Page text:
CALIFORNIA | LOCAL
February 1, 2006 |
Cal State Long Beach Provost Gary W. Reichard has been named executive vice chancellor and chief academic officer for the Cal State system, making him one of the system's top officials. Cal State trustees approved the appointment Tuesday at their meeting in Long Beach. Reichard, the senior vice president for academic affairs, recently was one of four finalists to become president of Cal State Long Beach. He will begin his new job, which pays $262,008 a year, on Feb. 10.
CALIFORNIA | LOCAL
October 28, 2005 |
F. King Alexander, the 42-year-old leader of Murray State University in Kentucky, was chosen Thursday to become the sixth president of Cal State Long Beach. Alexander, who has headed Murray State since succeeding his father, Kern Alexander, in the job four years ago, will replace Robert C. Maxson, 69. Maxson announced in February that he planned to step down this year after 11 years at the helm of the university.
April 30, 2005 |
The loss of three key seniors from the men's volleyball team that reached the NCAA title match last season had Long Beach State searching for an identity. "There was a time early in the year where we put some wins together but also lost some matches," Coach Alan Knipe said. "It was a little up and down. But we've cut down on our errors and are playing with more confidence."
April 29, 2005 |
In any other year, Long Beach State men's volleyball Coach Alan Knipe might have felt more at ease after advancing to the Mountain Pacific Sports Federation final, as his team did Thursday night with a victory over UC Santa Barbara. Four teams will advance to next week's NCAA championships at UCLA, three receiving automatic bids awarded to conference champions and one receiving an at-large bid.
March 25, 2005 |
Bitter rivals Cal State Fullerton and Long Beach State have been the Southland's top teams in recent years and the Titans' move to the top of every major college baseball poll this week added a little more drama Thursday at Blair Field. Long Beach struck the first blow in the three-game nonconference series, getting two runs in the seventh inning to defeat the reigning College World Series champions, 3-2, before a chilled but energetic crowd of 1,744.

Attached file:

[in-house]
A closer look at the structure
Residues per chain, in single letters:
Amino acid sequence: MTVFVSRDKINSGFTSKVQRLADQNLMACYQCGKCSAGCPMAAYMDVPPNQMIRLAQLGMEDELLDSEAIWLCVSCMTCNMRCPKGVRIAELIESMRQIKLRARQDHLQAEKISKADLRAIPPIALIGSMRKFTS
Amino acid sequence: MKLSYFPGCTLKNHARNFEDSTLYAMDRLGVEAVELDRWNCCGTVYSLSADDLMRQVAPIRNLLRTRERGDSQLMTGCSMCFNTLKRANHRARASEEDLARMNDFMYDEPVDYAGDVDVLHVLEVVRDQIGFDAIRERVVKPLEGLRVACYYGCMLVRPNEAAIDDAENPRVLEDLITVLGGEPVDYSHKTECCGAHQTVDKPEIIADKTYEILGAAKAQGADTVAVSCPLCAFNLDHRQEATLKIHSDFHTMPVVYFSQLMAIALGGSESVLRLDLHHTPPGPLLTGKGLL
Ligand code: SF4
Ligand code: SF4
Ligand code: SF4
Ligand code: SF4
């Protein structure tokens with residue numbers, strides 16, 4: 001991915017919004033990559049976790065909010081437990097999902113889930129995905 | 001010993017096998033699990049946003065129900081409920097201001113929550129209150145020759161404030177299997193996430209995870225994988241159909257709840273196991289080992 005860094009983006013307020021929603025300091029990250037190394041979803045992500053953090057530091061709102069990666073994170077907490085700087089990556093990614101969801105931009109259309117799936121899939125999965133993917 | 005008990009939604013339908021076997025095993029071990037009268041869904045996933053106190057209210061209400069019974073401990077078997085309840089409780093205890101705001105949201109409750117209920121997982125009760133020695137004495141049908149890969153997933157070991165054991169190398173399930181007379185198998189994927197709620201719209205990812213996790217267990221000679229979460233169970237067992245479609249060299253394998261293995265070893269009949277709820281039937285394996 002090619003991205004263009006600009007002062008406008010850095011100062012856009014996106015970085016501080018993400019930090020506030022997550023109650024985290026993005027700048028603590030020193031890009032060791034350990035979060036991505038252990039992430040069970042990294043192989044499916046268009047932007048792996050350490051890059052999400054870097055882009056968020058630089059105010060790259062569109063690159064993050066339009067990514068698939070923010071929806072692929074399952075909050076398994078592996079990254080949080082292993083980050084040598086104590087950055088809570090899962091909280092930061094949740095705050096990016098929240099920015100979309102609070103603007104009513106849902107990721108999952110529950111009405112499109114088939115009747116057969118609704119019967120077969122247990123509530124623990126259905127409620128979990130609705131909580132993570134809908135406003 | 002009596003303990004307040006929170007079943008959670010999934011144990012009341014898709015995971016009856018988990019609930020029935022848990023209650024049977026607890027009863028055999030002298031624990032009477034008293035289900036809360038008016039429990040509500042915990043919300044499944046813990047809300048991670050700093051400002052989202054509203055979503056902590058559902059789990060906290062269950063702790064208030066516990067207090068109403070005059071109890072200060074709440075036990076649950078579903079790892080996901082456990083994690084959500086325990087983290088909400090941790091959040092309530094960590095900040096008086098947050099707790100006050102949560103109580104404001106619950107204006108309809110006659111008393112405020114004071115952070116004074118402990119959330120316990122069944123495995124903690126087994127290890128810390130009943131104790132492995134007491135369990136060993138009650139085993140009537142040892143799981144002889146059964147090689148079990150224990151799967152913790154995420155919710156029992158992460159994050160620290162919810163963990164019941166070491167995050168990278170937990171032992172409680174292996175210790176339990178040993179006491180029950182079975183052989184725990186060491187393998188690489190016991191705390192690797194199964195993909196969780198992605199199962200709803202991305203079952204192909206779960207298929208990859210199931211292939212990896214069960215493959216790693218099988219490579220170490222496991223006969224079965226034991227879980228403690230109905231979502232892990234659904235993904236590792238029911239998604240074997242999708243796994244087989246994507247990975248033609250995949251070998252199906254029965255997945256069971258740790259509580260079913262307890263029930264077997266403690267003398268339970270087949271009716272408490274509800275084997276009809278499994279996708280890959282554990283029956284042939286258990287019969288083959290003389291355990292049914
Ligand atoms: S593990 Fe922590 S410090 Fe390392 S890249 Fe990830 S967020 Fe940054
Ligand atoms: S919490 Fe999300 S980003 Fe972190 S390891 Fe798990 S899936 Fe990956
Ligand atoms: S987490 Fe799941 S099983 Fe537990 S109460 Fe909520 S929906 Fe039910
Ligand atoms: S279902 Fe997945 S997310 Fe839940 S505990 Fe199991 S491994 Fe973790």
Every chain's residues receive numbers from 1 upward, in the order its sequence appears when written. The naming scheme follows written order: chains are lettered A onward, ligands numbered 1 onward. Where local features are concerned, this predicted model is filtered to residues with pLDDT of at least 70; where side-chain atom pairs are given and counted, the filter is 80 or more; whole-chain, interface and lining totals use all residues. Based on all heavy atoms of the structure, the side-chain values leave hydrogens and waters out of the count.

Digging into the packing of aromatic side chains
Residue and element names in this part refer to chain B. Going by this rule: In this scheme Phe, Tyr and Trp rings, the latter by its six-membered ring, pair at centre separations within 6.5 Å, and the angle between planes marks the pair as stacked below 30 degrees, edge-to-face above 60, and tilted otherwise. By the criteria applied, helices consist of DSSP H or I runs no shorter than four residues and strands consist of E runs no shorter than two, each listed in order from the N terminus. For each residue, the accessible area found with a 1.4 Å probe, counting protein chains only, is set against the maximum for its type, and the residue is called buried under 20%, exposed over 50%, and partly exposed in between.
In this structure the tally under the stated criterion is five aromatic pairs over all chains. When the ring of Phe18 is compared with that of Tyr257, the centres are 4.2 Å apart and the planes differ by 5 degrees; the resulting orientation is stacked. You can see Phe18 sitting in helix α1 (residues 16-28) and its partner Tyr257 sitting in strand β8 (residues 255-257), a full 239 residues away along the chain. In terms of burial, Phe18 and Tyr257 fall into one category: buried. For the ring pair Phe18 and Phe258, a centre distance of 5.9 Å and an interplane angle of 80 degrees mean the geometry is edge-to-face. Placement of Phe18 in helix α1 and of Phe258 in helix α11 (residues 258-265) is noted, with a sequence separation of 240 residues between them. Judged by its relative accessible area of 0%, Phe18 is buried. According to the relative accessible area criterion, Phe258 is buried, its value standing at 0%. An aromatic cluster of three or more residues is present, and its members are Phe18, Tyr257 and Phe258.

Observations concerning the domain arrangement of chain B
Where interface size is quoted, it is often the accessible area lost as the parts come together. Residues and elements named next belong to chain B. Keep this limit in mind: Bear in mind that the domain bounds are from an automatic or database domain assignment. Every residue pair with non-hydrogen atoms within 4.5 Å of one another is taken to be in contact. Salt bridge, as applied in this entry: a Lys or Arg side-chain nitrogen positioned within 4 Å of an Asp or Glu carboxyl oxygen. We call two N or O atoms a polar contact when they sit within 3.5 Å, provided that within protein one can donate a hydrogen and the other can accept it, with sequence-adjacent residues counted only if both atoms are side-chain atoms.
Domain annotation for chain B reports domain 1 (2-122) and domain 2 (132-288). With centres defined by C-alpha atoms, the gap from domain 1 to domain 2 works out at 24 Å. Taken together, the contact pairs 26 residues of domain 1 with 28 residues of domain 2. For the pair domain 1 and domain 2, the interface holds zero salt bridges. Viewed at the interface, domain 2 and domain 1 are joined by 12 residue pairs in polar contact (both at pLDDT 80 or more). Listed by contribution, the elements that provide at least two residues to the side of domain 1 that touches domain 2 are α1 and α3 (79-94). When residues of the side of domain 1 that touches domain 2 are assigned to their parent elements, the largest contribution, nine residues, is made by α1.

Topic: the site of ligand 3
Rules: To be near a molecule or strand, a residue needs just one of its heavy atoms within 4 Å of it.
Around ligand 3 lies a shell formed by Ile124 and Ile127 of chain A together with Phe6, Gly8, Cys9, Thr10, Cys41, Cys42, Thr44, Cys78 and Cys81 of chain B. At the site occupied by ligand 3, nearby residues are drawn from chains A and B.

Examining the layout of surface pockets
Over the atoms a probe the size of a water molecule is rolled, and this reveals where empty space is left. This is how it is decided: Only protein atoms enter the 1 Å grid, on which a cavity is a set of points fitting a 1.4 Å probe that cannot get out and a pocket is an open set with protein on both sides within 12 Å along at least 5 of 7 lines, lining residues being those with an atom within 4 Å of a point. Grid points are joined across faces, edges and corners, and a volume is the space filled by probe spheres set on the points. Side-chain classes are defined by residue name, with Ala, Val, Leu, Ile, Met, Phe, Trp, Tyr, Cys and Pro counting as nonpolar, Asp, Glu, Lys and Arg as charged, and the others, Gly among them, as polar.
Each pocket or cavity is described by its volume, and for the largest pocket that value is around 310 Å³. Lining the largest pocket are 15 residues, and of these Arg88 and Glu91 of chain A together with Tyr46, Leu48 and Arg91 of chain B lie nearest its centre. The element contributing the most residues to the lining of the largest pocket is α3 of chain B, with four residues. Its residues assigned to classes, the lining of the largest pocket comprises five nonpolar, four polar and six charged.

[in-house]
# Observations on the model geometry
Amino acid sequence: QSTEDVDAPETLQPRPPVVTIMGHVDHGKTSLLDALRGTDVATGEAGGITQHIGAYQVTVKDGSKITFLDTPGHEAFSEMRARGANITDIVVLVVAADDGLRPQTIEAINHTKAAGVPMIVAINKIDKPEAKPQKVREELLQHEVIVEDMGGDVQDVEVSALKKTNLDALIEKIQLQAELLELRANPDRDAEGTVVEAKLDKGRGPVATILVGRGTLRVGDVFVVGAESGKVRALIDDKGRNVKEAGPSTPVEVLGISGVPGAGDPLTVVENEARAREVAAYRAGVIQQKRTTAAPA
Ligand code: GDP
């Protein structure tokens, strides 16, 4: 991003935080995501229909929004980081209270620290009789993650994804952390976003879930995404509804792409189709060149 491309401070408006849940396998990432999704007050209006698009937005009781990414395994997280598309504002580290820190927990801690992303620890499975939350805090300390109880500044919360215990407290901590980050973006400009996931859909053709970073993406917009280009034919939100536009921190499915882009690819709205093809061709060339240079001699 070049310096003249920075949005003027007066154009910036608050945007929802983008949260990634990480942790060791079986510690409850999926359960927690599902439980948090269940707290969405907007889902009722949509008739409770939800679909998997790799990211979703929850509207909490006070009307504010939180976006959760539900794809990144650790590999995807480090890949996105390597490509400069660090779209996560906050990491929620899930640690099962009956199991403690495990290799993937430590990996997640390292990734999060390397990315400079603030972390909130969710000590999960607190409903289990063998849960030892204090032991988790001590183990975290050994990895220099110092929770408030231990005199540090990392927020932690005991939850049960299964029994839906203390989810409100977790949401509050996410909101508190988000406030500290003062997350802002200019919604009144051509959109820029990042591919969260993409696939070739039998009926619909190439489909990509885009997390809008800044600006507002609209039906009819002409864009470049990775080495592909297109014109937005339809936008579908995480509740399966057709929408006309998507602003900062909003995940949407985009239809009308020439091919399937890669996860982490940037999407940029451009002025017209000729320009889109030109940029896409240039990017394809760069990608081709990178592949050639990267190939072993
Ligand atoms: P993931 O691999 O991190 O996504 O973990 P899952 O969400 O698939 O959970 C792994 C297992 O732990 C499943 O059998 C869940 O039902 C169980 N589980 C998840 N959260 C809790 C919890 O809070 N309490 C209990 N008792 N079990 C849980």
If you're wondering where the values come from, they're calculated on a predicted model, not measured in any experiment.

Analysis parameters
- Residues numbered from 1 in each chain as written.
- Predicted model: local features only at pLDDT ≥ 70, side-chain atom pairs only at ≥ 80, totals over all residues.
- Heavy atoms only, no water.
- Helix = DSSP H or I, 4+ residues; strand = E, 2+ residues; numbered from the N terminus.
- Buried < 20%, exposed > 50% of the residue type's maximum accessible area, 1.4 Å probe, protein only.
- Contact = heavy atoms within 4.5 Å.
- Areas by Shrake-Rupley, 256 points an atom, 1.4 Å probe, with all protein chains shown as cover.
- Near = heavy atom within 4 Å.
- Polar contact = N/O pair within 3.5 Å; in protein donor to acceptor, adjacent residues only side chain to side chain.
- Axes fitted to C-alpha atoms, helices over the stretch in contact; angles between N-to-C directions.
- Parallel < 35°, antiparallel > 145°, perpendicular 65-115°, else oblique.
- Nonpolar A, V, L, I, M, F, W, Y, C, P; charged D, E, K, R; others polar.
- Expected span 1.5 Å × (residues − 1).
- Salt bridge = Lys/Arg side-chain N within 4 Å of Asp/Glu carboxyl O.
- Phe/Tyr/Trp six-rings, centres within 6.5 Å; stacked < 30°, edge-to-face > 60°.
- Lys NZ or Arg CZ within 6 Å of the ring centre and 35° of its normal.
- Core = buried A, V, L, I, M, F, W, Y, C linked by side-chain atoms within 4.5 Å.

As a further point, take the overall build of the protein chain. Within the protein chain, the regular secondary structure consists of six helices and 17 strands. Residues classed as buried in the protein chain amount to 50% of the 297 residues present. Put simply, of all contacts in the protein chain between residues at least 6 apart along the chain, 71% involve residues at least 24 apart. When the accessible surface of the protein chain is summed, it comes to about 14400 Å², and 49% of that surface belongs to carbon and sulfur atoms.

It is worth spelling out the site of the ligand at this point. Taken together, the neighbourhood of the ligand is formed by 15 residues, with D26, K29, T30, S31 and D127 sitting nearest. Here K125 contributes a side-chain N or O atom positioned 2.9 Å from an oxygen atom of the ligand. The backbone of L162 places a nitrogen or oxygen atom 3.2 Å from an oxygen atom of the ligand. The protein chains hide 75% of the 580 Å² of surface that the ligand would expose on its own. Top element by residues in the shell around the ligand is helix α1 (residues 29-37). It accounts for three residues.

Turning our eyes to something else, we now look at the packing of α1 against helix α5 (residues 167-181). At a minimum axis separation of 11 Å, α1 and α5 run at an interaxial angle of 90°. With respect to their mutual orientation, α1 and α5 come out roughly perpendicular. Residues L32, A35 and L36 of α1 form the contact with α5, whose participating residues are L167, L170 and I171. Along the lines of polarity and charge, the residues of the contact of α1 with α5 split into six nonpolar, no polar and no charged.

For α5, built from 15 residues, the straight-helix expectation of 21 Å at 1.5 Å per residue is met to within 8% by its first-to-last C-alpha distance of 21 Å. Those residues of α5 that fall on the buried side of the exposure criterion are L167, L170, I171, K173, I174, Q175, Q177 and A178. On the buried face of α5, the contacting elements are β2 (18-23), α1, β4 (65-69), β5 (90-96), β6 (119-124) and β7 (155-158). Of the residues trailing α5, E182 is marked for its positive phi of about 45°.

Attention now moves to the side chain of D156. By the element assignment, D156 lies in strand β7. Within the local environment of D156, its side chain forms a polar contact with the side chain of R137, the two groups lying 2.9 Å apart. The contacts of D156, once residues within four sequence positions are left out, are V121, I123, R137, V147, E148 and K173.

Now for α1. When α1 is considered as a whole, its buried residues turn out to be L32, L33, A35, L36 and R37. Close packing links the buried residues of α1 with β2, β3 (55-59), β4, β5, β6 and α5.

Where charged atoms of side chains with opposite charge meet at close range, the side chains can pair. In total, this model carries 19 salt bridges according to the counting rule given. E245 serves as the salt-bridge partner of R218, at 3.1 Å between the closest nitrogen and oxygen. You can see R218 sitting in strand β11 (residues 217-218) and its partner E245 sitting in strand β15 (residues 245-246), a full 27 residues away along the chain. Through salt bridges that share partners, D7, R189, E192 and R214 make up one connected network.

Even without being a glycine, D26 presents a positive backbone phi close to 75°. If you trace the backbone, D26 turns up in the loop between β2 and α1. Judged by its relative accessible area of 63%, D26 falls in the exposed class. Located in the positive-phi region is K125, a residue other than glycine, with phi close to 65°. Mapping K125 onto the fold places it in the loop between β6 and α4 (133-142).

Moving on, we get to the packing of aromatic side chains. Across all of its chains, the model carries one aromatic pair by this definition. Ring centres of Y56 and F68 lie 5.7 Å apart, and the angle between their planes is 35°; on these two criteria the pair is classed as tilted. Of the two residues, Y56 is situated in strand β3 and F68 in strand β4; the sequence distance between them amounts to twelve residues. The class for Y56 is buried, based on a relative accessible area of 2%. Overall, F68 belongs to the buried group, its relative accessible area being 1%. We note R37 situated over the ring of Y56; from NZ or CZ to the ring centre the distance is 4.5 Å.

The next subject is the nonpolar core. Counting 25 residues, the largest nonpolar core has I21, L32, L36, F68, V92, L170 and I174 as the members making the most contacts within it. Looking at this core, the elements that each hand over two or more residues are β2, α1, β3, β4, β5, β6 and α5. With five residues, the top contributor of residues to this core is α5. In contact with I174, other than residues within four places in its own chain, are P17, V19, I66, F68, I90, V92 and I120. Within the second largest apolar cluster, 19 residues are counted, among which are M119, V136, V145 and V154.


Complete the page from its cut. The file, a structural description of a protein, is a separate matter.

March 10, 2005 |
Nothing this season has been easy for Long Beach State or UC Santa Barbara. Long Beach needed a furious surge at the end of the regular season just to make the Big West Conference tournament, while Santa Barbara had trouble fielding a legitimate roster throughout the season. So why would Wednesday's first-round game between the teams be any different at the Anaheim Convention Center? Both teams did their best to give it away before Santa Barbara pulled away late for a 55-49 victory.
December 23, 2004 |
Georgetown hasn't been an elite team for a long time, but it was still too much for Long Beach State in a 57-51 victory Wednesday in the Rainbow Classic. Freshman forward Jeff Green had game highs of 20 points and 10 rebounds, leading the Hoyas in the tournament's consolation bracket at Hawaii's Stan Sheriff Center. Georgetown improved to 5-3.
October 24, 2004 |
Director Wes Craven has been responsible for scaring the living daylights out of people with horrifying thrillers such as "The Hills Have Eyes," "A Nightmare on Elm Street" and the "Scream" trilogy. But the 65-year-old director is somewhat frightened about teaching a directing workshop Wednesday as part of Cal State Long Beach's 10th annual WideScreen Film Festival.
October 2, 2004 |
Constance Glenn, founding director of the University Art Museum at Cal State Long Beach, gives a light tap to a shiny, helium-filled Mylar pillow that has just floated into a museum entrance hall. The tap directs the wayward pillow back into the room from which it has escaped to reunite with the other puffy silver rectangles that make up the Andy Warhol installation "Silver clouds."
CALIFORNIA | LOCAL
July 7, 2004 |
After becoming president of Cal State Long Beach 10 years ago, Robert C. Maxson acted quickly to try to attract academically stronger students to his campus. His key initiative was the President's Scholars recruiting program. It offered full-tuition scholarships, housing, book stipends, extra academic counseling and even such perks as free parking for California high school valedictorians and for other star students who ranked within the top 1% in the National Merit Scholarship competition.